If You Don't Feel Appreciated Enough By Your SO, Here's How To Tell Them

Being vulnerable with a romantic partner isn't always easy, especially when it involves telling them how they've hurt you. But when you don't feel appreciated enough by your partner, communication is key. Verbally calling attention to how your SO demonstrates their appreciation (or doesn't) can seem like an uncomfortable move, but if all you want is to be happy in your relationship, it might be necessary to hold them accountable for the role that they're playing.

At the end of the day, it's important to feel appreciated in your relationship, period. Being acknowledged for the things you do for your partner, or even just for being yourself, is important. And if you feel like your SO is taking you for granted, it's important to speak up. Whitney Berg, a marriage and family therapist who practices with Sojourn Counseling Group, has a few solid guidelines for having this conversation with your partner. Here's what she had to say about letting your SO know that you'd like a little bit more credit, please.

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For starters, you should not have this chat if you feel like you and your partner are either about to get into a fight, or if you just had one. And second, Berg tells Elite Daily, "When discussing something with a partner, such as feeling not appreciated enough, we want to be very mindful of using language like 'I feel' — instead of 'You make me feel.'" That way, the conversation feels less accusatory, and more solutions-oriented.

A concrete example Berg gives of starting a hard conversation like this is, "I would like to talk to you about something I have been feeling. Is now a good time?" Similar to not having this convo as you're getting into or wrapping up an argument, it's important that both parties are in the right headspace to work the issue out. Once you get the green light, Berg says, consider framing your statement like: "I do not feel appreciated when XYZ. What I need is [XYZ]." That way, you're being direct and offering a solution.

Another strategy Berg recommends is going over the "Speaker-Listener Technique" with your partner. In short, the speaker in the conversation speaks for themselves, keeps their statements brief, and stops to let the other person listen and paraphrase. The listener should not only listen so that the speaker can paraphrase what they're saying, but also focus on the speaker's message — not just respond blankly.

It can also be important to ask your partner how they're feeling, too. Berg recommends asking, "Do you feel appreciated? If yes, what does that look like? If no, what are you also needing in this relationship?"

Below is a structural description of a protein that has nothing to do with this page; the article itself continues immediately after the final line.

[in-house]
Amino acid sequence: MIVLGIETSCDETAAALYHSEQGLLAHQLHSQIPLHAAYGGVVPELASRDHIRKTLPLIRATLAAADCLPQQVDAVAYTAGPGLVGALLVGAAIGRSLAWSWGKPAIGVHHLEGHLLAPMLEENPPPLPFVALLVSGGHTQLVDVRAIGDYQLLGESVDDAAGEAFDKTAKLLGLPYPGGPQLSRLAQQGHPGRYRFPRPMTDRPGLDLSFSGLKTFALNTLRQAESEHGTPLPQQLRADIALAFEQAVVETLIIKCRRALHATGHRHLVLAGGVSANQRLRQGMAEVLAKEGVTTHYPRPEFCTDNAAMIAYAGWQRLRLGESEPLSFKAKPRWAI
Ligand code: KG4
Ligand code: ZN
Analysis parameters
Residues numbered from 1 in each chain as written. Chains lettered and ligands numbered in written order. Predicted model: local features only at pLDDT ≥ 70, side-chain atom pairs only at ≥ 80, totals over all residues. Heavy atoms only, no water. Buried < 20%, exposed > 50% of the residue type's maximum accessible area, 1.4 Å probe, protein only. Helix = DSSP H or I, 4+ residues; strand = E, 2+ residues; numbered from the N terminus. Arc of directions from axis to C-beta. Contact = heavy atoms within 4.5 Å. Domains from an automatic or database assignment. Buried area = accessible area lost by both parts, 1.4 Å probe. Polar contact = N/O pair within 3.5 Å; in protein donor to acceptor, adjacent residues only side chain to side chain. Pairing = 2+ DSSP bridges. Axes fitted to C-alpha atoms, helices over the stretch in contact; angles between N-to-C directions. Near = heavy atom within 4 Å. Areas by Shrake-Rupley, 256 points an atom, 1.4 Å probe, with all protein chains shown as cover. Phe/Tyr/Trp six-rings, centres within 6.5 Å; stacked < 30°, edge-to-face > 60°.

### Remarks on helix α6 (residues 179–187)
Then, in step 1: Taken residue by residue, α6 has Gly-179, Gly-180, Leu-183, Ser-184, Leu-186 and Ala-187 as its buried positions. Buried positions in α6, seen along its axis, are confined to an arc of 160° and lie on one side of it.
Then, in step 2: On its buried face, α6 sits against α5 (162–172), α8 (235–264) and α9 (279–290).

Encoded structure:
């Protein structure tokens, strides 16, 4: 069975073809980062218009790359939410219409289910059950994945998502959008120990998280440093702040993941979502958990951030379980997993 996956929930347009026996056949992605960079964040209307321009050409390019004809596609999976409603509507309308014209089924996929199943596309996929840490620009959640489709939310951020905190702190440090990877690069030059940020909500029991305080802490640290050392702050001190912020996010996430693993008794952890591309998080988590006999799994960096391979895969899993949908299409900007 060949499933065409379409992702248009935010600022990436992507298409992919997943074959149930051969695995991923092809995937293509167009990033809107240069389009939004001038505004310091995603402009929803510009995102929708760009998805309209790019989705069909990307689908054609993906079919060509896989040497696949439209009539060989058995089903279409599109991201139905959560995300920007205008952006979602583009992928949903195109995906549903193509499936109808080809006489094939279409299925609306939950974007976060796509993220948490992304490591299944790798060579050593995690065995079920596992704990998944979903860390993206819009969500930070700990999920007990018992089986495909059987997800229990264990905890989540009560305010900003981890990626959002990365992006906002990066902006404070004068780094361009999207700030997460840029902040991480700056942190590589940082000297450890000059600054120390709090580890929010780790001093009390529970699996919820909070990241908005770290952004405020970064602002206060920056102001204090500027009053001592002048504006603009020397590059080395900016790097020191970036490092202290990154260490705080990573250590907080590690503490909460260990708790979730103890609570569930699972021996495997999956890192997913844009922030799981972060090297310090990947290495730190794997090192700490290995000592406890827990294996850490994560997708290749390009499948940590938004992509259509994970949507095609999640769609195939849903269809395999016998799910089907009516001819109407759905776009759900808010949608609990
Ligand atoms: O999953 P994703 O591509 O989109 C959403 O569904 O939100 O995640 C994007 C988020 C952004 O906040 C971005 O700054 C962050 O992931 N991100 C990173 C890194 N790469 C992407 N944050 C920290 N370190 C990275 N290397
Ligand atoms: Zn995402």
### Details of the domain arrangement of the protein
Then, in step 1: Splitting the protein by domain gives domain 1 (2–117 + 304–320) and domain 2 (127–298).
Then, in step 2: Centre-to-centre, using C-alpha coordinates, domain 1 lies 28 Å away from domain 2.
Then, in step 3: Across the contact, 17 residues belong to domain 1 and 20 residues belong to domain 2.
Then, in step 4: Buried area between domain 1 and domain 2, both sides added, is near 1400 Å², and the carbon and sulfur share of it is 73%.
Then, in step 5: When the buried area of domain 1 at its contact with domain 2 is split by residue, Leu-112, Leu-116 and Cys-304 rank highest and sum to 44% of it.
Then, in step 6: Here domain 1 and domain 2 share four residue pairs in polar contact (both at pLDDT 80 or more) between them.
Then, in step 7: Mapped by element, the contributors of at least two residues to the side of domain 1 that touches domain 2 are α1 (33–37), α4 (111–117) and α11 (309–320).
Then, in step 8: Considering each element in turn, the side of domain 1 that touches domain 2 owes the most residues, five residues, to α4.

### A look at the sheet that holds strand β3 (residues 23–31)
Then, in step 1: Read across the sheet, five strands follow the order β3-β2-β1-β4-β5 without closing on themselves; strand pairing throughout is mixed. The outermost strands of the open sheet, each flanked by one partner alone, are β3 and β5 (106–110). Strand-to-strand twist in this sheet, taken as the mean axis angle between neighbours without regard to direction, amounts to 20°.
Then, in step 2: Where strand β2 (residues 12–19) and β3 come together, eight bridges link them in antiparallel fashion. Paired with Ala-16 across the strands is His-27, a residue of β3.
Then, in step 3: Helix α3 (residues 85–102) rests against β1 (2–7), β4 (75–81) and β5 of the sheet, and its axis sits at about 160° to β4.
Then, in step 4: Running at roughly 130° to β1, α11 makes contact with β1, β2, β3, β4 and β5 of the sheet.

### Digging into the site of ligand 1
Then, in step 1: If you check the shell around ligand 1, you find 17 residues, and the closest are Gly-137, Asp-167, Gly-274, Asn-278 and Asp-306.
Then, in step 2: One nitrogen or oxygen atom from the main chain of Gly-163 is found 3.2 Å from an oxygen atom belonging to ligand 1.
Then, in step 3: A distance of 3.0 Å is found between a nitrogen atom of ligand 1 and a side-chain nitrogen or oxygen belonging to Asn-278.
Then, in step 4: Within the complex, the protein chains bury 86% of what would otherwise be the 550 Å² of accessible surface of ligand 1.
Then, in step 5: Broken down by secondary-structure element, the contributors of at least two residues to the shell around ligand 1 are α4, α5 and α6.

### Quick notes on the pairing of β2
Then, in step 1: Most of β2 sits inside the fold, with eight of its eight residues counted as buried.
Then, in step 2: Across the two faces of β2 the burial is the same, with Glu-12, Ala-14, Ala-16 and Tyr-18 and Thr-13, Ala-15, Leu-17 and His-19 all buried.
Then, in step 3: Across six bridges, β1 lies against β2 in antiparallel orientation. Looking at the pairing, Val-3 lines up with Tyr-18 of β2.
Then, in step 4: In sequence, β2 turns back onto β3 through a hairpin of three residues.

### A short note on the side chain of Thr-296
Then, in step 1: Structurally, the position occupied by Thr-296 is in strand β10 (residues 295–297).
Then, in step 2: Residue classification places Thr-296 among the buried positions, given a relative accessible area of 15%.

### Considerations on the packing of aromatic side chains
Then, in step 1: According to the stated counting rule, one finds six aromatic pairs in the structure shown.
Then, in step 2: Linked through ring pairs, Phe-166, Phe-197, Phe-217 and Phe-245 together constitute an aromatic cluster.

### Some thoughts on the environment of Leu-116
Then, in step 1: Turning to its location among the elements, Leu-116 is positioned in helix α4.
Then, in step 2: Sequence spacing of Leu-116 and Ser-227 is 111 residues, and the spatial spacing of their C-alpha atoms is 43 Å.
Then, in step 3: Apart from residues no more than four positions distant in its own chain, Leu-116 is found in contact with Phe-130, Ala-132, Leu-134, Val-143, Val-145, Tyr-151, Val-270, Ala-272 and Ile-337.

Again, this little sit-down can feel daunting, because it's hard to feel good when you're being called out. There is a chance your SO might react poorly, whether that's by deflecting, shutting down, or blowing up at you. "When a partner doesn't respond well, remember that this is the first time they may be hearing this and may be taking it personally," Berg points out. Give your partner space and time to process.

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What can also be useful in situations like this — as well as in future arguments or tough discussions — is coming up with a safe-word. It can be your signal to cool off and regroup. "If a time-out from the conversation is needed, they would then set a time limit. For example, 15 minutes," Berg explains. "When the time is up, [then they would] try the conversation again."

If you and your partner have access to therapy, that can also be a helpful tool. "Therapy can be beneficial if conversations like this have not gone well in the past, or if the partner is nervous to have these conversations," Berg says. Marriage and family therapists like Berg are trained to help couples have those difficult conversations and process information.

Even if therapy is not an option, you and your partner can still try to approach the conversation with honesty, kindness, the intention to hold space for each other's feelings, and a commitment to meeting each others' needs. If anything, taking these approaches serves as proof that you and your partner are concerned with each other's feelings and want to see your relationship succeed. That, in and of itself, is a great start.